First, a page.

Celebrity fragrances are given names such as "Forbidden Rose" and "Radiance" - but if New Zealand had a scent, it could well be called "Cowpat".
An Ambi Pur survey asked Kiwis what smell best represented their country. First choice was a sea breeze at a bach, with 53 per cent backing, while 19 per cent opted for the distinctive whiff of a sheep or dairy farm.
Fifteen per cent thought the smell of fish and chips best summed up New Zealand, 10 per cent opted for the smell of a hangi cooking and 4 per cent suggested a wet rugby field.
Rubbish dumps, freezing works, fish markets and Rotorua's sulphur-rich geysers and hot pools were all named as some of New Zealand's worst smells.
Nearly half those interviewed - 49 per cent - said rubbish dumps smelled most offensive, 28 per cent nominated the freezing works, 13 per cent fish markets, and 10 per cent Rotorua's pong.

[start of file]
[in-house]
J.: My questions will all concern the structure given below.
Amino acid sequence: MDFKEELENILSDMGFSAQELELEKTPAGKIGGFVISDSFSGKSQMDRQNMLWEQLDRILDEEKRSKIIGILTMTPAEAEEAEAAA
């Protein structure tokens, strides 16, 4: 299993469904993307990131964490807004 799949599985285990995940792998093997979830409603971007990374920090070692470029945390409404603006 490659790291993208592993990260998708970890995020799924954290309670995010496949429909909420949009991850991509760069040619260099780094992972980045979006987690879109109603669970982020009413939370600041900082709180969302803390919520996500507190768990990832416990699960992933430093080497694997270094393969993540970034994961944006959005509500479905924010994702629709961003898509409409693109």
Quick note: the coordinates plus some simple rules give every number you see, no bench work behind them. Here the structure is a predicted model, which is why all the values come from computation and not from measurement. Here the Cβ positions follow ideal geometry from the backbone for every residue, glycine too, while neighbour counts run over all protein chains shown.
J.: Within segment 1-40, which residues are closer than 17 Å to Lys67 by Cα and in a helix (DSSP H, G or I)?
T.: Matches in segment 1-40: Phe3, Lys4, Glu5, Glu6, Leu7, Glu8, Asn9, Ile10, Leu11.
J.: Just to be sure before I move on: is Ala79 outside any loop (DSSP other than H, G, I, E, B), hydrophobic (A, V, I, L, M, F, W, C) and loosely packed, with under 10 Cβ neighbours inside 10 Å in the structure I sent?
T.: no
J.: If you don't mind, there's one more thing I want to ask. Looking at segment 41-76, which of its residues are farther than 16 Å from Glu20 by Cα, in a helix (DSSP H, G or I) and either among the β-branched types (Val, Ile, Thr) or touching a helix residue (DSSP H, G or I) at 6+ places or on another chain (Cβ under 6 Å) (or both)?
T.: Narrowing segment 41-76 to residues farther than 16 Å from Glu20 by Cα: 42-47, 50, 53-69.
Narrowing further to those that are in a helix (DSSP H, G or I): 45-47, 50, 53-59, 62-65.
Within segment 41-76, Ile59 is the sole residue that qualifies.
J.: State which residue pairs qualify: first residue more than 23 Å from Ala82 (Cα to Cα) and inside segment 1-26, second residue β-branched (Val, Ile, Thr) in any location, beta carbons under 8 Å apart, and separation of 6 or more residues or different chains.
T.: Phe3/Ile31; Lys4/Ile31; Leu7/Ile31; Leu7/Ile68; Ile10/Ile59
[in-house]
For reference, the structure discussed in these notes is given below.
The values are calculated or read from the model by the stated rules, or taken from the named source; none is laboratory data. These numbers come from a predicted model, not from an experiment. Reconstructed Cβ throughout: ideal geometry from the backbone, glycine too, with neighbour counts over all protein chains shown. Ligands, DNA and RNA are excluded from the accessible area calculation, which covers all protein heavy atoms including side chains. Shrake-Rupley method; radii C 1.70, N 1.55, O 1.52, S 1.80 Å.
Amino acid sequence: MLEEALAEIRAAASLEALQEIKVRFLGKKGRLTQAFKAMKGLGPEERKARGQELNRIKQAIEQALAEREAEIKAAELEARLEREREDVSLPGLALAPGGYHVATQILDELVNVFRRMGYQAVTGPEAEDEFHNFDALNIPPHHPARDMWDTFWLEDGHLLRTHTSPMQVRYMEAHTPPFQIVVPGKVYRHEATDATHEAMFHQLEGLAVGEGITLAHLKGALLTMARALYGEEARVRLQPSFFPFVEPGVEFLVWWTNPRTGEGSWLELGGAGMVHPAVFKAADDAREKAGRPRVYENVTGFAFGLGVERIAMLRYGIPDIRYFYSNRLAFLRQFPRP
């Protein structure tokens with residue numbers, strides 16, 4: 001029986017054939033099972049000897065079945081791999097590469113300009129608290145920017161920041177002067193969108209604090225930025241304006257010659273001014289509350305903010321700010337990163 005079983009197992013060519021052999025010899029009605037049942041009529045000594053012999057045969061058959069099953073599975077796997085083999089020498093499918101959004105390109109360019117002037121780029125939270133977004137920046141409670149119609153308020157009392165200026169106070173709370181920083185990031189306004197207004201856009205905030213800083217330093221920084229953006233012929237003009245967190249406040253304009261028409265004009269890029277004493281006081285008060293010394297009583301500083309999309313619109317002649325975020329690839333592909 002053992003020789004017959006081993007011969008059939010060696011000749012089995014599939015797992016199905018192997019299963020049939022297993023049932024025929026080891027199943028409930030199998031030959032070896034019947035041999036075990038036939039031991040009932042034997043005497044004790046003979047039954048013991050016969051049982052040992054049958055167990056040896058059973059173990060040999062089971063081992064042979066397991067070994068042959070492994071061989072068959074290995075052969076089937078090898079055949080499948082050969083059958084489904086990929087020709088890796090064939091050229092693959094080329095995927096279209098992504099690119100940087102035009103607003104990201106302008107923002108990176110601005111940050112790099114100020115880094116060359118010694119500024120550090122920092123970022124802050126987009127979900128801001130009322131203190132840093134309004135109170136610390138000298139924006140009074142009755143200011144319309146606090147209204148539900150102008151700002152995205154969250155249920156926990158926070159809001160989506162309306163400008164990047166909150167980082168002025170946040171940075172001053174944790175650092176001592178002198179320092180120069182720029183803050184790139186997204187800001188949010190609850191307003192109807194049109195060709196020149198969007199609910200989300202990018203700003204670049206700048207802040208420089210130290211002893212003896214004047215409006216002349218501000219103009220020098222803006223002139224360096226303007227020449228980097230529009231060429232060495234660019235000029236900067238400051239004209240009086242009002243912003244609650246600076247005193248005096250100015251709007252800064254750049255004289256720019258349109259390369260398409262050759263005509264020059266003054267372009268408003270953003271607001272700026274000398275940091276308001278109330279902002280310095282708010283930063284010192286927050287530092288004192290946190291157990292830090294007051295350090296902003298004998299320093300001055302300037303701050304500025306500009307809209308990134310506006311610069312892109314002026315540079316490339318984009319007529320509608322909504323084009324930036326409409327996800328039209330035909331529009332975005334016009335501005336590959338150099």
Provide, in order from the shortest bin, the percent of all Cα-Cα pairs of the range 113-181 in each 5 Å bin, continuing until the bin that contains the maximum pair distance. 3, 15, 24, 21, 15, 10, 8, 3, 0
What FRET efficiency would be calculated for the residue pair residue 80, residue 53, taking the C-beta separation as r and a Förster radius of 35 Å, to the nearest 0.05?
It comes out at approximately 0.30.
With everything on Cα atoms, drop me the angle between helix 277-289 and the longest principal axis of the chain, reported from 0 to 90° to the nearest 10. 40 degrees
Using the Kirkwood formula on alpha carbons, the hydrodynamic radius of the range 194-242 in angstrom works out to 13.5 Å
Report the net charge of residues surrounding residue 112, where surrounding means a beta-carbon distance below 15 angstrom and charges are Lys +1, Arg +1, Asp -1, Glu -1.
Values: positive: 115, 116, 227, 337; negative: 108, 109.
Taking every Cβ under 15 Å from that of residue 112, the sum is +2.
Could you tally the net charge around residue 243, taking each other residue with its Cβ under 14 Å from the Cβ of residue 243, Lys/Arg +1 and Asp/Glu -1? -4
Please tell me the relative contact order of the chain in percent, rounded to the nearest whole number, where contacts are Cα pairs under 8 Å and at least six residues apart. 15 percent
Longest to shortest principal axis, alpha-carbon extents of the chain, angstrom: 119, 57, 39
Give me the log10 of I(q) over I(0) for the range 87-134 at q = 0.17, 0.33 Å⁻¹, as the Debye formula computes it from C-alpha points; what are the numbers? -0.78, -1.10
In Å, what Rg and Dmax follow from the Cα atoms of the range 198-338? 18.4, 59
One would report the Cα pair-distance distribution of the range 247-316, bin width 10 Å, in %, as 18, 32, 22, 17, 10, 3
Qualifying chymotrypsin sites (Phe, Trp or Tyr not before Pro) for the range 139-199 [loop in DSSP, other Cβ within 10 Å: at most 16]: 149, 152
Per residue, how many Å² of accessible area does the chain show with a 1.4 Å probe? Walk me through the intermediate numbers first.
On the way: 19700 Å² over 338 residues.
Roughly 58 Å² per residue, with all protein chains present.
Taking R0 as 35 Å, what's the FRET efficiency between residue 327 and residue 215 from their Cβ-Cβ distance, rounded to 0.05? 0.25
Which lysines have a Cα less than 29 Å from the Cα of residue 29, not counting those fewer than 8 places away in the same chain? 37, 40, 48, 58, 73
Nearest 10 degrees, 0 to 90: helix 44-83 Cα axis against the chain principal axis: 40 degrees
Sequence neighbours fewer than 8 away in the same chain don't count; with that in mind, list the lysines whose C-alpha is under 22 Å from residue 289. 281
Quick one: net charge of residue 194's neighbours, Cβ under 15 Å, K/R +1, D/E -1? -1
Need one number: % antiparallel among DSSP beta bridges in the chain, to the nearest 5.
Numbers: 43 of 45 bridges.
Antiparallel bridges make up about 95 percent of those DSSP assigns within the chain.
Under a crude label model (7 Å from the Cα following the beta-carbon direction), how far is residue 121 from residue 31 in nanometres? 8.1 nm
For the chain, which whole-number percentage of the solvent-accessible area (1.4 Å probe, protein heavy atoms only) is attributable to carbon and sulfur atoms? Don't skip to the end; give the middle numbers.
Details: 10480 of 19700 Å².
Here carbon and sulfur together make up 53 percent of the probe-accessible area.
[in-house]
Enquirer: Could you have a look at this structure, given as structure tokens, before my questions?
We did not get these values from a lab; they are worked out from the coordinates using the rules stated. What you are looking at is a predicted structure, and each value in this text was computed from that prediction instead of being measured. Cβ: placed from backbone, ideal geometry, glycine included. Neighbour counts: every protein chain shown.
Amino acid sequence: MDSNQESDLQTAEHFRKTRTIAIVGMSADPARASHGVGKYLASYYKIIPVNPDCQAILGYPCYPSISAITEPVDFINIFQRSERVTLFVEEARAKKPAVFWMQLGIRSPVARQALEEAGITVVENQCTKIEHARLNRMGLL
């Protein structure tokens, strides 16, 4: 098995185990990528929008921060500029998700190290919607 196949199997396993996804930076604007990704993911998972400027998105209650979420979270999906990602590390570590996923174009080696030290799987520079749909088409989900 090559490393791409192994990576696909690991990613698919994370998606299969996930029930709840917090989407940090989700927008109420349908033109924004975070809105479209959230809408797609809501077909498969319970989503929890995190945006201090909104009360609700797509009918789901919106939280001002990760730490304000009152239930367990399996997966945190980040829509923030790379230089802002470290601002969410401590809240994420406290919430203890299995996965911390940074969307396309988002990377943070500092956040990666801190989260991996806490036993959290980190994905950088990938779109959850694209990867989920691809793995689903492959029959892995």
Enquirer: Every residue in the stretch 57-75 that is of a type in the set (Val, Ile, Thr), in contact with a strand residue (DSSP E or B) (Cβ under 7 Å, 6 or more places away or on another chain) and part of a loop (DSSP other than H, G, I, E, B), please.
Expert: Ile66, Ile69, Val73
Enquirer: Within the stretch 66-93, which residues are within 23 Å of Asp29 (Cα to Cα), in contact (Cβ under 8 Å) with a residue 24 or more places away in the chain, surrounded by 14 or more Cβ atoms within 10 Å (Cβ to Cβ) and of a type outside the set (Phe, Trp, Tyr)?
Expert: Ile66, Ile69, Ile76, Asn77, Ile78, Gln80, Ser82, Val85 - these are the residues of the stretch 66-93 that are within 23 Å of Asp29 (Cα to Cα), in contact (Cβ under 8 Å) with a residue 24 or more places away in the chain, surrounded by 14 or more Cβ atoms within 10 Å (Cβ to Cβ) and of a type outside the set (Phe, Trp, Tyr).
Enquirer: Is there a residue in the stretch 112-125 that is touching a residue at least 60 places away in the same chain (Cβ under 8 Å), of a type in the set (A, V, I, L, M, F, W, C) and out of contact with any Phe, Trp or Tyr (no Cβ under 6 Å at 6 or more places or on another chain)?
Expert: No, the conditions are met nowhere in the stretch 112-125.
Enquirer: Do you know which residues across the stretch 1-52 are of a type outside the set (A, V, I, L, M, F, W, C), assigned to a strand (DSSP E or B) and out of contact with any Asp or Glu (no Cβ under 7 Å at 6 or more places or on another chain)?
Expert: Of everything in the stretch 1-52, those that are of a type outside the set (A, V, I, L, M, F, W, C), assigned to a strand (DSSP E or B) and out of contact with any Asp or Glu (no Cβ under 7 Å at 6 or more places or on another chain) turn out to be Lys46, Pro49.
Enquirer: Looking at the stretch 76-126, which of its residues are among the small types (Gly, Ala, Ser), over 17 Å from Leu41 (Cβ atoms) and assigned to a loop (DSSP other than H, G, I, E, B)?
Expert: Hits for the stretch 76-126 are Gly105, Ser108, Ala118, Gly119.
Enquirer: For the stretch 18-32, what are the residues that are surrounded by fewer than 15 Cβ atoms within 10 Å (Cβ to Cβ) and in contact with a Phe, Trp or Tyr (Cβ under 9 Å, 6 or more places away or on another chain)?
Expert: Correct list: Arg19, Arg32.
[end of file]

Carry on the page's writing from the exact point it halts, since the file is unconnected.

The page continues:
Forty-seven per cent said the smell of their mother's cooking most reminded them of home, with a wood fire burning nominated by 27 per cent.
Nearly three-quarters of people used air fresheners in homes, with vanilla the most popular scent.
Psychologist Sara Chatwin said people linked smell to associated experiences.
"We often spend our summer breaks at seaside locations making the most of our great beaches, so I think the smell of the sea and beaches remind us of those times."
She said people might be surprised to learn why they liked their homes to smell of vanilla.
"Research has often pointed out the linkages between the scent of vanilla and our early positive memories of our mother's milk nurturing us."
SMELLS LIKE US
Smells that best epitomise New Zealand:
* Sea air at the bach: 53 per cent
* A sheep or dairy farm: 19 per cent
* Fish and chips: 15 per cent
* A hangi cooking: 10 per cent
New Zealand's worst smells:
* Rubbish dumps: 49 per cent
* Freezing works: 28 per cent
* Fish markets: 13 per cent
* Rotorua's geysers, hot pools: 10 per cent